Let’s Try Saying “Americans” Instead of “America” – A Lesson from Canadians

On the fourth of my trips to Adler’s Vancouver campus last fall, I came before the Canadian border officer, as I had each time before. I was ready for the questions about why I was coming to Canada, and gave the same explanation as previously – that I had been asked to teach a class at our Vancouver campus which was being done primarily by videoconference but required a certain number of in-person sessions to be taught. This time, the officer looked at me with a look of slightly injured pride and asked, “Couldn’t they get a Canadian to do that?”

I have been reminded of that question in the past week as I have read about the response of Canada’s Prime Minister, Justin Trudeau, to the sudden restrictions on travel and immigration imposed by the Trump administration, and in response to the horrific killings of six people at a mosque in Quebec. Each time, he has referred to “Canadians” rather than to “Canada,” in his responses:

To those fleeing persecution, terror and war, Canadians will welcome you, regardless of your faith. Diversity is our strength…

Diversity is our strength, and religious tolerance is a value that we, as Canadians, hold dear. Muslim-Canadians are an important part of our national fabric, and these senseless acts have no place in our communities, cities and country.

While Trudeau has garnered praise as an individual leader for his responses, they struck me as very Canadian responses nonetheless. They are also very Adlerian responses, because Alfred Adler and Rudolf Dreikurs emphasized people working together and feeling a part of a community, rather than people trusting to a nationalistic, ethnic, religious, or cultural identity. As Eva Dreikurs Ferguson put it:

Because Adler considered that each human is part of a social community, our sense of self is a function of our social identity. The primary need of all human beings is to feel belonging, to have a place, in the social community. In the infant, that community is the family. As the person moves into an increasingly larger sphere, the social community to which he or she seeks to feel belonging is increasingly broad. The ultimate social community to which an adult seeks to belong is the human species as a whole, as part of an enlarged sense of one’s own humanness. (Dreikurs  Ferguson, 1984, p.4).

My experience with Canadians has supported the notion that they take responsibility as people for the society they create, and for its values. They are pragmatic – like when they decided that using pennies was inefficient, and decided to round each cash transaction to the nearest nickel; or when they decided that people can use whatever language they like to conduct business but that they won’t require anyone else to learn that language. They do what works, while respecting people in the process. These are the characteristics they have in mind when they proudly refer to themselves as Canadians.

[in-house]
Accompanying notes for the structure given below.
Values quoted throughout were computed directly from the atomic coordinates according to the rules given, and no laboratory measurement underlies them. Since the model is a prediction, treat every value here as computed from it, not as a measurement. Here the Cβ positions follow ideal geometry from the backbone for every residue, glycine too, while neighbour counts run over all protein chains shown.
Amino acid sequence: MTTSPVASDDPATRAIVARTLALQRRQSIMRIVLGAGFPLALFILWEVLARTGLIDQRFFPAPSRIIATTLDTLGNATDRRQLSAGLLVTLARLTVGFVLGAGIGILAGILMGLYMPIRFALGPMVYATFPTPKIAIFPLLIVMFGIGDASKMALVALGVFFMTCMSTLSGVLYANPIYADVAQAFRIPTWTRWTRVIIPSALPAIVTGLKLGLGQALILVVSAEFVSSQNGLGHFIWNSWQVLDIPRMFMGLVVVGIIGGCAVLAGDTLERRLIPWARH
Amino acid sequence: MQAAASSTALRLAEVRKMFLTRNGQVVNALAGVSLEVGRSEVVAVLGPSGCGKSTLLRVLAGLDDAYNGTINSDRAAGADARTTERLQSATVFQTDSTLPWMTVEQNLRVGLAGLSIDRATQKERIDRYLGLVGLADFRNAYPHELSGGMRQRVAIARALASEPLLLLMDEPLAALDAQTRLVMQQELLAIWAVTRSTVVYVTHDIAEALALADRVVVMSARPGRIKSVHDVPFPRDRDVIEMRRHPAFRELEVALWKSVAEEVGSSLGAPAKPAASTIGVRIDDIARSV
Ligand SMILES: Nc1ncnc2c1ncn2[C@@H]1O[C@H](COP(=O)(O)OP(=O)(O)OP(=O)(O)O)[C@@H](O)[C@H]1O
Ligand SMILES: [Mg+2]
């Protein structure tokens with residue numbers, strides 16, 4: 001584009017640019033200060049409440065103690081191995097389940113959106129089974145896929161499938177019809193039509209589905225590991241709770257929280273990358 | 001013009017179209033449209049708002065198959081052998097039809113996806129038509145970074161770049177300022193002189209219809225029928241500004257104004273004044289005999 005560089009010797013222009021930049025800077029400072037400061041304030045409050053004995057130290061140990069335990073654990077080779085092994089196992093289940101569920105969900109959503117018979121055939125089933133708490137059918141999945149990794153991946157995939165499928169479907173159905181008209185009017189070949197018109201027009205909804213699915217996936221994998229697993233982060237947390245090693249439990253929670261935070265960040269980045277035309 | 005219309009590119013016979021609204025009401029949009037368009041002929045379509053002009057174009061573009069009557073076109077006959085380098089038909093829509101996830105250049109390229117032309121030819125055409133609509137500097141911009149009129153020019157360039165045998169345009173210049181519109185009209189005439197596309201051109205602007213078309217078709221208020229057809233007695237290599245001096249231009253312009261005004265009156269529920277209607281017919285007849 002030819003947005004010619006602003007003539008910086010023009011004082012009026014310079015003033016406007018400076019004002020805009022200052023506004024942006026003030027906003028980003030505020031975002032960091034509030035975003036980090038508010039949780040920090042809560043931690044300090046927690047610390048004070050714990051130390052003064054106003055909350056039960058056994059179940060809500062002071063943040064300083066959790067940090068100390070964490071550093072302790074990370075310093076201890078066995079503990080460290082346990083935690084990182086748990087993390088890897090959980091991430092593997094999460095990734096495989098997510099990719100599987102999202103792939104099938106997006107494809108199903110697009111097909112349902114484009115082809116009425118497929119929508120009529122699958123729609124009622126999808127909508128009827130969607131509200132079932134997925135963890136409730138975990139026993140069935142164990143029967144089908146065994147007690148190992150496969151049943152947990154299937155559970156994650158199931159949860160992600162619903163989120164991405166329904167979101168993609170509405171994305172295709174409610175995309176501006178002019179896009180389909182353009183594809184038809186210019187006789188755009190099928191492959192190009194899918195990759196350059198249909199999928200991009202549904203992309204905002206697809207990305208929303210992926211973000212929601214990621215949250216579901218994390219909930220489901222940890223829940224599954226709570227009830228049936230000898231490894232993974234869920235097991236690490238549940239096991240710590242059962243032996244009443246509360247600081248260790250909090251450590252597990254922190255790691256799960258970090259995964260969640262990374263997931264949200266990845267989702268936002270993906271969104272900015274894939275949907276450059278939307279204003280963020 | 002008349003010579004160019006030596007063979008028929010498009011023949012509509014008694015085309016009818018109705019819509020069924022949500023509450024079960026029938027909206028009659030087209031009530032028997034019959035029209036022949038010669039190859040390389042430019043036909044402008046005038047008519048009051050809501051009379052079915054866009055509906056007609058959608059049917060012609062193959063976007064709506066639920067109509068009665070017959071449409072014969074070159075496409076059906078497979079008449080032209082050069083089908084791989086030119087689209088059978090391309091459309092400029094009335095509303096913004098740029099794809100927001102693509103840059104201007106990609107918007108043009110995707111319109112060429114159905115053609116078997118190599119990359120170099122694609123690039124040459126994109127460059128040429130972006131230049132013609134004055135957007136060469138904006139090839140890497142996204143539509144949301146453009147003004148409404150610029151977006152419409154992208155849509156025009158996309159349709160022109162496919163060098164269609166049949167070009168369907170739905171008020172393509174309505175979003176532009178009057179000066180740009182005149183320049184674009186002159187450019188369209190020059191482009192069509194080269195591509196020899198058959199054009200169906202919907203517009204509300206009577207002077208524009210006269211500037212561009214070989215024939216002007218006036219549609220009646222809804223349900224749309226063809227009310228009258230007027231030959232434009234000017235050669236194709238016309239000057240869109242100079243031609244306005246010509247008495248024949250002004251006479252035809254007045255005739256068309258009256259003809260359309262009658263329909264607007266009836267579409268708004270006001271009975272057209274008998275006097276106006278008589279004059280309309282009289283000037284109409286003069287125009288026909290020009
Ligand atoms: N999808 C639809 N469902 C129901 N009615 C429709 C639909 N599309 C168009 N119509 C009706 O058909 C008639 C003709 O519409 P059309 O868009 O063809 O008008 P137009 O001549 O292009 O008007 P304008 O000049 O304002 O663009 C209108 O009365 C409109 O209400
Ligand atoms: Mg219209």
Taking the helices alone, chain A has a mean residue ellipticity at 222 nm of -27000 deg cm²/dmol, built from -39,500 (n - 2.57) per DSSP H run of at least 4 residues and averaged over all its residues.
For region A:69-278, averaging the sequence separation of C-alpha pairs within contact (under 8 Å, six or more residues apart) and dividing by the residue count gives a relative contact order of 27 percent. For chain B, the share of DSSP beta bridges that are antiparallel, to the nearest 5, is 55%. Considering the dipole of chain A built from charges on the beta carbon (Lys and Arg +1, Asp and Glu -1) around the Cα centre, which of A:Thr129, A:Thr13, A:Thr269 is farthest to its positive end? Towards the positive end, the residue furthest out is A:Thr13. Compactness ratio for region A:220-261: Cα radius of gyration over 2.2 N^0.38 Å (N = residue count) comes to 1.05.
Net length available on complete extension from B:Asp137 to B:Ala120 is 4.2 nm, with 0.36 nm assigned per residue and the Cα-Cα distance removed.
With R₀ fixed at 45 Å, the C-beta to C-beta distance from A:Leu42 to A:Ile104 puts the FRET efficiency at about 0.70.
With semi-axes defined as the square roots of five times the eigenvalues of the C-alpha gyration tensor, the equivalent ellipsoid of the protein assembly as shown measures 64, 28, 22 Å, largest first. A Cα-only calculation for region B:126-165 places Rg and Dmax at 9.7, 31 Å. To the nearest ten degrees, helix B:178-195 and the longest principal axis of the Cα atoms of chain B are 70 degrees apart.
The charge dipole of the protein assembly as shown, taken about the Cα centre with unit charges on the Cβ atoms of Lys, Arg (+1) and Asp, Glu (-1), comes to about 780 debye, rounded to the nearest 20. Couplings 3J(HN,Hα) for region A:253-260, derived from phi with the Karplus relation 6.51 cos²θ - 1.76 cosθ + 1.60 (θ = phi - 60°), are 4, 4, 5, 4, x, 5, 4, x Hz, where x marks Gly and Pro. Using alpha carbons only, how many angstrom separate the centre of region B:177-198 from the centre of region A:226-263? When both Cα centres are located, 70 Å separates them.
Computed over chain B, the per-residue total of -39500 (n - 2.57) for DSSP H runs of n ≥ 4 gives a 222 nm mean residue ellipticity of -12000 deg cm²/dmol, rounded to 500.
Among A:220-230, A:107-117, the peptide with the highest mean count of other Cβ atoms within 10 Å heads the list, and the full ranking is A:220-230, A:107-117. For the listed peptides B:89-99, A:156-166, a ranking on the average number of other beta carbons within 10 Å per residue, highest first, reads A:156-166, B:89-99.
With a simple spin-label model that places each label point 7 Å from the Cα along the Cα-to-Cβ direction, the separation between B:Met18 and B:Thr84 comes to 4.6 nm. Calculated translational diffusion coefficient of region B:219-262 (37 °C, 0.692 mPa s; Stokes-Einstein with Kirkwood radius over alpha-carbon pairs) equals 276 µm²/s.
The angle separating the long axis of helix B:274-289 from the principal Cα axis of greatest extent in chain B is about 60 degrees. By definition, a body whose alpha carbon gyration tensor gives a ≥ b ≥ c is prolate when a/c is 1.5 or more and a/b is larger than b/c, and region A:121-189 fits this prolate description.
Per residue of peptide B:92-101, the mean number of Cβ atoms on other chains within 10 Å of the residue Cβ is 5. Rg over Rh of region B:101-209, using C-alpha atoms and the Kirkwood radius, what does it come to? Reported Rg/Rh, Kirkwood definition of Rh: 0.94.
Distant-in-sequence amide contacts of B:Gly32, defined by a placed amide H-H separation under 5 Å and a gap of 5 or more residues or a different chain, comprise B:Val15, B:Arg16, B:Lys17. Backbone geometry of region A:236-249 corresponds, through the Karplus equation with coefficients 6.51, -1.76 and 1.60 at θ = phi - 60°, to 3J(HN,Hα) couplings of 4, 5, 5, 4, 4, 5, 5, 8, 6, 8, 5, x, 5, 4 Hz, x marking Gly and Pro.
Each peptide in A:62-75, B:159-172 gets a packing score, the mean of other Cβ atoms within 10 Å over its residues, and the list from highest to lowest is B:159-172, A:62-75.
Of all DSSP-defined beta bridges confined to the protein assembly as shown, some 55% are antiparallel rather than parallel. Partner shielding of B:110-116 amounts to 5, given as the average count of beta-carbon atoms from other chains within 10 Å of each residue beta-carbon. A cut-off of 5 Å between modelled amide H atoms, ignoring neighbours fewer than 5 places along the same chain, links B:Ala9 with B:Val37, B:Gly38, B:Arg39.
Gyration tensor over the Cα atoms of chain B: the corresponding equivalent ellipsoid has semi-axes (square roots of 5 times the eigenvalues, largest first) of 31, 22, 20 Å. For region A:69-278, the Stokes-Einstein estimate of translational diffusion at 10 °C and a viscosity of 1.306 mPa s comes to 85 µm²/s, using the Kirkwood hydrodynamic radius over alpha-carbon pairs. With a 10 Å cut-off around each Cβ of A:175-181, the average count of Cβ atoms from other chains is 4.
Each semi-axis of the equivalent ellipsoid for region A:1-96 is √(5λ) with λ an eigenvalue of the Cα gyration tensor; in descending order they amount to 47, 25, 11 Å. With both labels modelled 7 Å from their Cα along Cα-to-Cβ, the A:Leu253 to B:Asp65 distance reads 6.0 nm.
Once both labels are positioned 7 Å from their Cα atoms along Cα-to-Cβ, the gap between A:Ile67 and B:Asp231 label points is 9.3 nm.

The attitude carries over even into provincial identity, as in the case of one 94-year old woman riding the SeaBus ferry when I rode it – who introduced herself as “a proud British Columbian!”

Americans, by contrast, look to the entity they have created as “America” to define their values, and to measure and judge the values of others. We talk about “Liberty” and other “American ideals,” but we easily level the charge of being “Un-American” or “Un-patriotic” against those with whom we may disagree. I don’t often hear people describing themselves as “a proud American,” much less “a proud Illinoisan.” We spend a great deal of mental energy and public discourse deciding what “America” means and how we shall treat those who disrespect this nation and its symbols. That is what gives us the peculiar recent scene of an American physically assaulting other Americans who were burning the American flag in constitutionally-protected protest, and being hailed as a “hero” for doing so. This is reminiscent of the story of Barbara Frietchie in Whittier’s poem: “’Shoot, if you must, this old gray head / But spare your country’s flag,’ she said.” We tend as a nation to treat our symbols as being more valuable than our people. That may well be part of what people have in mind when they use the term “ugly American.” We tend to believe that we are “exceptional” just because we were born in the USA. And that makes us exceptionally conceited, in the eyes of many others in the world.

This focus on “America,” at the expense of a focus on “Americans,” is what gives us intolerance masquerading as pride, cruelty masquerading as strength, and slogans masquerading as policy. “Make America great again” and “America first” reflect nothing of our values, actions, or beliefs as Americans. They reflect a poorly defined nationalistic identity (often a white Christian heterosexual national identity) that is seen as the be-all and the end-all – as the source, rather than the goal, of our pride and our efforts. And which, incidentally, is quite vulnerable to being hijacked to serve purposes of power, exclusion, and spite. The hashtag “#MAGA” is too often appended to online expressions of hate, resentment, distrust, disparagement, and distortion.